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Comment Re:Undoing secure sockets layer (SSL) traffic (Score 1) 71

@acoustix: "I was thinking the same thing, but what if a person used a span port to mirror the traffic and send the mirrored traffic to a device capable of SSL decrypt? Couldn't that info be logged using that method?"

Only if they found a universal method of cracking SSL, which is very unlikely.

My Palo Alto firewall already does it. So what is stopping others from doing it using a mirrored port?

Comment I call BS on this (Score 1) 399

I refuse to believe that over 90% of people aren't swayed or challenged by these posts on Facebook. I post a lot of political stuff on FB (because it matters to me more than posting pictures of my dog) and I constantly check the validity of items posted - regardless of my political bias.

These posts definitely change how you think, even if you don't admit it. It makes you ask yourself if you really want to vote for an asshole like Trump, a blatant liar like Hillary, or terrible libertarian like Johnson.

Comment Re:Undoing secure sockets layer (SSL) traffic (Score 1) 71

"the international hub for the Olympics, was found to host many networks that are capable of decrypting Secure Sockets Layer (SSL) traffic — undoing a protocol put in place to keep data protected." link

Only if the client desktop computer is configured to accept forged certs as used in the Cisco SSL Inspection device.

I was thinking the same thing, but what if a person used a span port to mirror the traffic and send the mirrored traffic to a device capable of SSL decrypt? Couldn't that info be logged using that method?

Comment Re:why can't people accept that things happen? (Score 1) 93

the only thing public pressure does is cause the company to spend more money in redundant hardware which mostly sits unused and raises prices

My redundant hardware is constantly in use and I have nowhere near the budget of these big boys. Redundant doesn't always mean active/passive. Routers are especially easy to run active/active, hell that's way the Internet routes traffic. BGP/EIGRP will take care of the routing.

But I suspect that this wasn't a simple router failure. A router failure wouldn't require other systems to be rebooted.

Comment In other words, Moore's law will continue (Score 5, Interesting) 133

We hear the same bullshit every 2 years. Moore's law has nothing to do with the SIZE of the transitors. It has to do with the number of transistors on the chip and, to a lesser extent, the density of the transistors. Arranging the transistors vertically and horizontally will allow the law to continue.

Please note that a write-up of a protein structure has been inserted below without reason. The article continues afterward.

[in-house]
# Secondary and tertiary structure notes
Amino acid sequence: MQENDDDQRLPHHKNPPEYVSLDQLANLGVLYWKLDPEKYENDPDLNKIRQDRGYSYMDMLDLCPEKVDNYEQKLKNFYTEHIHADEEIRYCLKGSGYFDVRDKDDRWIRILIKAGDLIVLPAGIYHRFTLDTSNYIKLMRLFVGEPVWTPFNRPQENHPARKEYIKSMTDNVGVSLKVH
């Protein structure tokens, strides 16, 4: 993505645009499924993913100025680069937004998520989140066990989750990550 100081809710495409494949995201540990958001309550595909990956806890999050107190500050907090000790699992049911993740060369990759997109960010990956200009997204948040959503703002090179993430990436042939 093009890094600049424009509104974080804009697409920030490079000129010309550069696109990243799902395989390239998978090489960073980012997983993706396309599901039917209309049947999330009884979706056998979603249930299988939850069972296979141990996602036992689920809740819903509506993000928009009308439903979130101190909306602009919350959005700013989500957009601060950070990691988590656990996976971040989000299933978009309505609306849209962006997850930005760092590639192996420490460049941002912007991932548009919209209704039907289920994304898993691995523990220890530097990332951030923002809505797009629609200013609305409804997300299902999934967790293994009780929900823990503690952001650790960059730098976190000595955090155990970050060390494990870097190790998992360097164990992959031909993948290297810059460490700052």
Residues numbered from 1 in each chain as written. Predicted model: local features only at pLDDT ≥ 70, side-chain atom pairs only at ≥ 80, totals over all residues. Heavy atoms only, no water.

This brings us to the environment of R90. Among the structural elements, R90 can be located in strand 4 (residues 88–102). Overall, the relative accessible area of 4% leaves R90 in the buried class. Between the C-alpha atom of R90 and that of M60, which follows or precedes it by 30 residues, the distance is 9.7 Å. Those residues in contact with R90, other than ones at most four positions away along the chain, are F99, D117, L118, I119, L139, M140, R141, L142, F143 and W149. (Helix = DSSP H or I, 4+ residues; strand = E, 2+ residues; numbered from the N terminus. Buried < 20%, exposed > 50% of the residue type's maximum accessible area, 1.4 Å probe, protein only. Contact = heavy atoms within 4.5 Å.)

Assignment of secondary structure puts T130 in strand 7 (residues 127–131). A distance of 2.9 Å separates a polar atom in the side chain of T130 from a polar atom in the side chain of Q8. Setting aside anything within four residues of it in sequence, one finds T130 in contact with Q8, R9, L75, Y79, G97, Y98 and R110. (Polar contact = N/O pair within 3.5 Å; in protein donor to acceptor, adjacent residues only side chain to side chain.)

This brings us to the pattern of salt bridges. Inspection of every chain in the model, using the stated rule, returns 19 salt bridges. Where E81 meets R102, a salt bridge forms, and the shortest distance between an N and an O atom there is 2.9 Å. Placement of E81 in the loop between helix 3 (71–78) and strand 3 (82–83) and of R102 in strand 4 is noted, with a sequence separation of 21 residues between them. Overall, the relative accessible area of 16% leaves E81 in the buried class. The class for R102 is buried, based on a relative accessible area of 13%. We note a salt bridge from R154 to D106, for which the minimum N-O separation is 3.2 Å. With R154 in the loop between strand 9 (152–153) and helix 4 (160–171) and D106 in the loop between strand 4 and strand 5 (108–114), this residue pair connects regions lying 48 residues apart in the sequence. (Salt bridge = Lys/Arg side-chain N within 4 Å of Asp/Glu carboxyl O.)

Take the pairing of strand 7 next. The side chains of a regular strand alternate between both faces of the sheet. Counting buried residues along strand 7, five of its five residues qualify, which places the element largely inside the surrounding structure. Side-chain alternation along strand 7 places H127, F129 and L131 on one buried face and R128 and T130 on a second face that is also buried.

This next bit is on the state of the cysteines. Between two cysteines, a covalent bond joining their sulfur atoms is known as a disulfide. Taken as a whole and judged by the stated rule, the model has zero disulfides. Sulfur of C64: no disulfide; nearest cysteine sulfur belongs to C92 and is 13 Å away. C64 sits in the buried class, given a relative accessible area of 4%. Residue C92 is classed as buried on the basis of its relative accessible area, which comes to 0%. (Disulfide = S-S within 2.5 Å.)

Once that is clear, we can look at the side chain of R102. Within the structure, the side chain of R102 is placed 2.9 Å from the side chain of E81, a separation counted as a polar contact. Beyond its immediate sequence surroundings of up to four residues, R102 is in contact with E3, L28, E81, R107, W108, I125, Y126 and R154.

Comment Re: Yawn (Score 4, Informative) 801

18 USC 793. This statute explicitly states that whoever, “entrusted with or having lawful possession or control of any documentthrough gross negligence permits the same to removed from its proper place of custodyor having knowledge that the same has been illegally removed from its proper place of custody.shall be fined under this title or imprisoned not more than ten years, or both.” Comey called her “extremely careless.” That was highly charitable. But even by that standard, Hillary was grossly negligent with classified material. Comey says Hillary had no intent to transmit information to foreign powers. But that’s not what the statute requires.

18 USC 1924. This statute states that any employee of the United States who “knowingly removes [classified] documents or materials without authority and with the intent to retain such documents or materials at an unauthorized location shall be fined under this title or imprisoned for not more than one year, or both.” Hillary set up a private server explicitly to do this.

18 USC 798. This statute states that anyone who “uses in any manner prejudicial to the safety or interest of the United Statesany classified informationshall be fined under this title or imprisoned not more than ten years, or both.” Hillary transmitted classified information in a manner that harmed the United States; Comey says she may have been hacked.

18 USC 2071. This statute says that anyone who has custody of classified material and “willfully and unlawfully conceals, removes, mutilates, obliterates, falsifies, or destroys the same, shall be fined under this title or imprisoned not more than three years.” Clearly, Hillary meant to remove classified materials from government control.

Comment Dissenting judge is wrong (Score 4, Insightful) 165

From the article:

"Notably, Reinhardt appears to have a commanding knowledge of what constitutes “hacking,” something that comes up over and over again both in the media and in the courts. He said that the decision “loses sight of the anti-hacking purpose of the CFAA.”

“There is no doubt that a typical hacker accesses an account ‘without authorization’: the hacker gains access without permission—either from the system owner or a legitimate account holder,” he wrote. Using someone else’s password with their permission but not the system’s owner isn’t “hacking,” but that’s what the court is treating it as."

Using another person's password with their permission but not with the system owner's permission is definitely a form of hacking. It's called social engineering. Social engineering is an attack vector that relies heavily on human interaction and often involves tricking people into breaking normal security procedures. Just because someone easily provided their account information doesn't mean that it was done so legitimately. It is ultimately the system owner who gets to decide who has authorization to their systems and what constitutes authorized access. At the same time, it is the system owner's responsibility to educate it's users as to what is allowed.

I would also take issue with the sentence where the writer claims that the judge has a "commanding knowledge" of "hacking".

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